KBD Design

MOC DESIGNER

(364 awarded)

MOC Designer

15

MOCs

46

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KBD Design

Trollhättan, Sweden

(There are 1 users from this location!)

BrickLinkhttps://store.bricklink.com/Karebrand&utm_content=globalnav#/terms
Moc Pageshttp://www.moc-pages.com/home.php/139662
Flickrhttp://flickr.com/photos/[email protected]
Youtubehttps://www.youtube.com/channel/UCg4c7gL_l-3I5cuLCHqp3tA/featured
Facebookhttps://www.facebook.com/johan.andersson.33671748

Welcome to my bio! Hopefully has some of my MOC's catched your interest. My MOC's tries to closely capture the original design, proportions and specific details, to an effordable building cost, without putting money on hard-to-get-parts or unusal colors. I'm glad to combine my profession as Design Engineer with my entusiasm for LEGO.

KBD Design

Recent Comments

  • 3 weeks, 6 days ago KBD Design Level 11 MOC Designer
    Glad to hear you like the model and instruction as well. I will for sure re-design the head upon received feedback.
        I'm a little bit amazed about your assembly of the model. It looks exactly as mine - but with a more accurate head. For info I'm aiming for a 3 bricks wide head with kept length.
  • 1 month ago KBD Design Level 11 MOC Designer
    I'm going back and forth regarding creating a diorama. To be honest, it's kind of a weak spot for me, but why not challenge my self? However, as the designer I would be extremely thankful for other people creating a diorama showing the AT-AT. A stand is not necessary as the model can be positioned without external features, see photos on Bricksafe gallery.  
         Actually I already have some other combat walkers in the same scale as the AT-AT. Check out my other two MOC's, AT-DP and AT-ST. I will see what comes to my mind, but I try to keep the scale and continuously add new imperial machines. 
         The current knee joint design which allow both a fixed and moving knee makes possibilities for different poses. The hip, foot and ankle does have some free degrees of moving. The model is also well balanced and can stand on even three legs. I would say there are some great poses that can be proven without breaking the model.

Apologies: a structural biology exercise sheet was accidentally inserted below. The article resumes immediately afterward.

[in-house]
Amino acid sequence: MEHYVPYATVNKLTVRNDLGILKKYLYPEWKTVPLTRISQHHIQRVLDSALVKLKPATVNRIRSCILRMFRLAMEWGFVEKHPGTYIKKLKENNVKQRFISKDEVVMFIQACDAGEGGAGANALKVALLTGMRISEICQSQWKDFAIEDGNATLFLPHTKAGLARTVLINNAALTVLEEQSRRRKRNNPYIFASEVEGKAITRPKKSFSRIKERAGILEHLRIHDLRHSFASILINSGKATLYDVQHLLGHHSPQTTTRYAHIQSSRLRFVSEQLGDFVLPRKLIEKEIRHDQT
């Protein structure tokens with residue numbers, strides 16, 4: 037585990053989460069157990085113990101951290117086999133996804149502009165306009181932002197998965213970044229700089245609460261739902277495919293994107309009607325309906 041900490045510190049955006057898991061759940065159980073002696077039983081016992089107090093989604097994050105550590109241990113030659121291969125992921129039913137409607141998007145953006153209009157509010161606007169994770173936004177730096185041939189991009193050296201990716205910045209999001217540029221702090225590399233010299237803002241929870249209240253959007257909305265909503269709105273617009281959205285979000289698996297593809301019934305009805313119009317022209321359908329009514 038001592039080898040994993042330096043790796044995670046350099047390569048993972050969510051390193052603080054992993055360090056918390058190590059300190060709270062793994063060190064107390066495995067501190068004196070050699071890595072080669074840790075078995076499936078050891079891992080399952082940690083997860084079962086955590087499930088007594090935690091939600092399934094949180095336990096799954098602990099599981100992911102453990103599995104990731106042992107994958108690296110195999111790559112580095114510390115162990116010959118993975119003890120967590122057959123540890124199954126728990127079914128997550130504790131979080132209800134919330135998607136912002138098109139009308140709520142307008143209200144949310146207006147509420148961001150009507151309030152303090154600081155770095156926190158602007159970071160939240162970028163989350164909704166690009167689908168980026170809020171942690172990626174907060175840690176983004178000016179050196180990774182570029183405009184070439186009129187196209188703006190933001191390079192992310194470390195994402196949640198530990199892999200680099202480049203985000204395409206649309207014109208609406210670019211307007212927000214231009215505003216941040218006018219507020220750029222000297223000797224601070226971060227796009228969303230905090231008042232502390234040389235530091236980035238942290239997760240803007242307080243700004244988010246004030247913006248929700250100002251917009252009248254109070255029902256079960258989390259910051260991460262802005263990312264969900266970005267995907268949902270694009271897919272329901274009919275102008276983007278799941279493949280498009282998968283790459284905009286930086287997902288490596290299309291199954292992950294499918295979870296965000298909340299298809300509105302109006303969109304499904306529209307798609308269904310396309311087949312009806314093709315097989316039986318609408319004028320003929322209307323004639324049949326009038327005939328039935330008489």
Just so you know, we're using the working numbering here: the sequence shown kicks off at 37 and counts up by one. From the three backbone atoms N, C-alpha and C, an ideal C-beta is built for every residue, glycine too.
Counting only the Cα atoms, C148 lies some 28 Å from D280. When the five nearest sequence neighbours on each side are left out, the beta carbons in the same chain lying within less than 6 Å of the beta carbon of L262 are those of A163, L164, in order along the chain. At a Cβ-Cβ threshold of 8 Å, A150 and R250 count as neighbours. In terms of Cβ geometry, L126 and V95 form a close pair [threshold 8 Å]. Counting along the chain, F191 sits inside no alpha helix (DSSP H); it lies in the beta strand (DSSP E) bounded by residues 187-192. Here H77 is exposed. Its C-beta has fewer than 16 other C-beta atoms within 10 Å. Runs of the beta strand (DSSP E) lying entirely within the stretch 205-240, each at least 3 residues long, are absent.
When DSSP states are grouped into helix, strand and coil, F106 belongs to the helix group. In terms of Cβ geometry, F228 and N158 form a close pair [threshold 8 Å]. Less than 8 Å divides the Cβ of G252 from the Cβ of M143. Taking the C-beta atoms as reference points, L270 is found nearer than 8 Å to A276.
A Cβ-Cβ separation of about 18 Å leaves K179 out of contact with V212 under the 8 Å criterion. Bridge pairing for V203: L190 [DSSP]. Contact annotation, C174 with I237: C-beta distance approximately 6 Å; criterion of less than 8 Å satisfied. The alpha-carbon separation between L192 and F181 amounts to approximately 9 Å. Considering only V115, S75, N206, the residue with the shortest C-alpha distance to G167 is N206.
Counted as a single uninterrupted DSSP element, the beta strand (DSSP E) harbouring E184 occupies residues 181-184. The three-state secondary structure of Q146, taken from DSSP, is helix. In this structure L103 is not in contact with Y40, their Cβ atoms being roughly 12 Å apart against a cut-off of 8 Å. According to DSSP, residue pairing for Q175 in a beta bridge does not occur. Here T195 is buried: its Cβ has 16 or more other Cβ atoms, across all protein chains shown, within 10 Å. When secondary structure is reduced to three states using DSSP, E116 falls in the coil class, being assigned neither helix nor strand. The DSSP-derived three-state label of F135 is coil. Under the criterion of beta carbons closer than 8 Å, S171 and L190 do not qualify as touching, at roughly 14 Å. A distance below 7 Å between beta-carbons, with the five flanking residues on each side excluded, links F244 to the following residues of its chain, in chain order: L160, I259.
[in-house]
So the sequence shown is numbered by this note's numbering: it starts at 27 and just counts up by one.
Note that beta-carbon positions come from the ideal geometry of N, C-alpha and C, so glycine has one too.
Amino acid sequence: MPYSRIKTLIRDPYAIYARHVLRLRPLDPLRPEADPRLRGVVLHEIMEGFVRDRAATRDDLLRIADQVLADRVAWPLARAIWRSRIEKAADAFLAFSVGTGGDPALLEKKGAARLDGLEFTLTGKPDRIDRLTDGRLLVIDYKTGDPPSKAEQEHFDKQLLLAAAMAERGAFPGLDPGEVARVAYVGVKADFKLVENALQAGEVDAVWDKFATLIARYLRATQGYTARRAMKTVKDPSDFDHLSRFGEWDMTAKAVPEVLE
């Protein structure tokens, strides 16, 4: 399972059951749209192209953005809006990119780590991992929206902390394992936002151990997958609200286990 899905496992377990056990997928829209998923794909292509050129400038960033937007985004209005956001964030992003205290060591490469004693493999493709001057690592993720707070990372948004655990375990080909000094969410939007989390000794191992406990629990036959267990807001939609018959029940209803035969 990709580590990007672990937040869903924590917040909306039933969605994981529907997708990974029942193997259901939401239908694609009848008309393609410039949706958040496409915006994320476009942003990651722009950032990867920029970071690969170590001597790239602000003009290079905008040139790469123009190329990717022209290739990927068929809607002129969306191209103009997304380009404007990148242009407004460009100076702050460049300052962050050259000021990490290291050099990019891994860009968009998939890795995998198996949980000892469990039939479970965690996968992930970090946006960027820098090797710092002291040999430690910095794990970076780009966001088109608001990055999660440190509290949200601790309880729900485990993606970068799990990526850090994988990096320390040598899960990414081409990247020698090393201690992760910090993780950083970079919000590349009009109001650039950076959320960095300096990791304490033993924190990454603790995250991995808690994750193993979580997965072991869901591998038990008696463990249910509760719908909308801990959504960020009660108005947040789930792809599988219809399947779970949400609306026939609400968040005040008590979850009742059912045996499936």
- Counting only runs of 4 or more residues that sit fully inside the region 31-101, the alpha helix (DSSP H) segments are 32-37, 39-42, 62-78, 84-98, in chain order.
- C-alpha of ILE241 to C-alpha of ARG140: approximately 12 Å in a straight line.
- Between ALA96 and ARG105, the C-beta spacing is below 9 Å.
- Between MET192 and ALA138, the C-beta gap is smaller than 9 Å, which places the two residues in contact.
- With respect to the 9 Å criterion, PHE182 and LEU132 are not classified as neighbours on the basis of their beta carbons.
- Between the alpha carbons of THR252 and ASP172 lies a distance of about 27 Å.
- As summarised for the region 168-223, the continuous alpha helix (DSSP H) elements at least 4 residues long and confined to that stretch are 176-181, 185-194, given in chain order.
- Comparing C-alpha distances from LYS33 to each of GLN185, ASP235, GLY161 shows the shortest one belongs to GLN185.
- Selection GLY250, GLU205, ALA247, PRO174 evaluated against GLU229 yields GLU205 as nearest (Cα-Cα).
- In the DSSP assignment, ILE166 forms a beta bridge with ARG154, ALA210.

• 1 month ago KBD Design Level 11 MOC Designer
    You're really into the build. I can ensure the AT-AT is 100% built and works great. No bricks are falling of during normal handling and the real build is stiff, strong, solid and well balanced (can stand on three legs for instance). 
        I also had a collision detection in the model regarding the 4x4 round plates and octagonal frames. I thought that was a software flaw as the pieces goes good together. But after some verification I found that the 4x4 round plate need to be placed additional 1 fine mesh unit (approximately 0.10 mm) above the octagonal frame. The rendered model should have shown this. I will update the model accordingly for the future. 
         The intersection between the 2x2 plates with corner cuts and 2x2 round tiles on the top of ankle barrel is all good. The height is adjusted by the mechanical arm and claw clip.
         I will do my best to add some photos. But believe me, it is standing perfectly next to me!
  • 1 month ago KBD Design Level 11 MOC Designer
    I'm glad you like the model!
         Unfortunately I have no photos on the real build. But, the real build is positioned the same as the rendered model. This means that all technical solutions are working, and the build is stiff and strong enough for moving (and even some play). 
         The knee joint does use 3 ea 2x3 plates with rounded corners and 1 ea half technic pin. But it does snap, the pin moves freely in the first two plates, but snaps in the third one cause of the pin shoulder. You're right there is not enough pin material to fill the plate holes and making a lot of friction. Of course it is not as tight as a ball joint, but has other advantages such as there is only one moving plane. At the end, it works well and I would say the standing posture is quite natural, and the knee looks like a knee and works mechanically as a knee (bending approximately ±20°). 
         I'm aware the binoculars are not a proper connection. But, it is positioned inside the hip rim and are quite safe. They are attached good enough on my real build and does not fell of during normal handling. The stabilizing ankle links are not the proudest part of the build. I can see they are not as sleek as they suppose to be. Actually, I didn't found anything better. 
         The head... I have spent many hours designing, building and rebuilding the head. I would say it is scale when it comes to length and height. But width, and angles for the cheek and the top was not achieved as desired. Some day, I will dig deeper and enhance the head. 
         Thanks for taking your time and leaving a honest and thorough comment.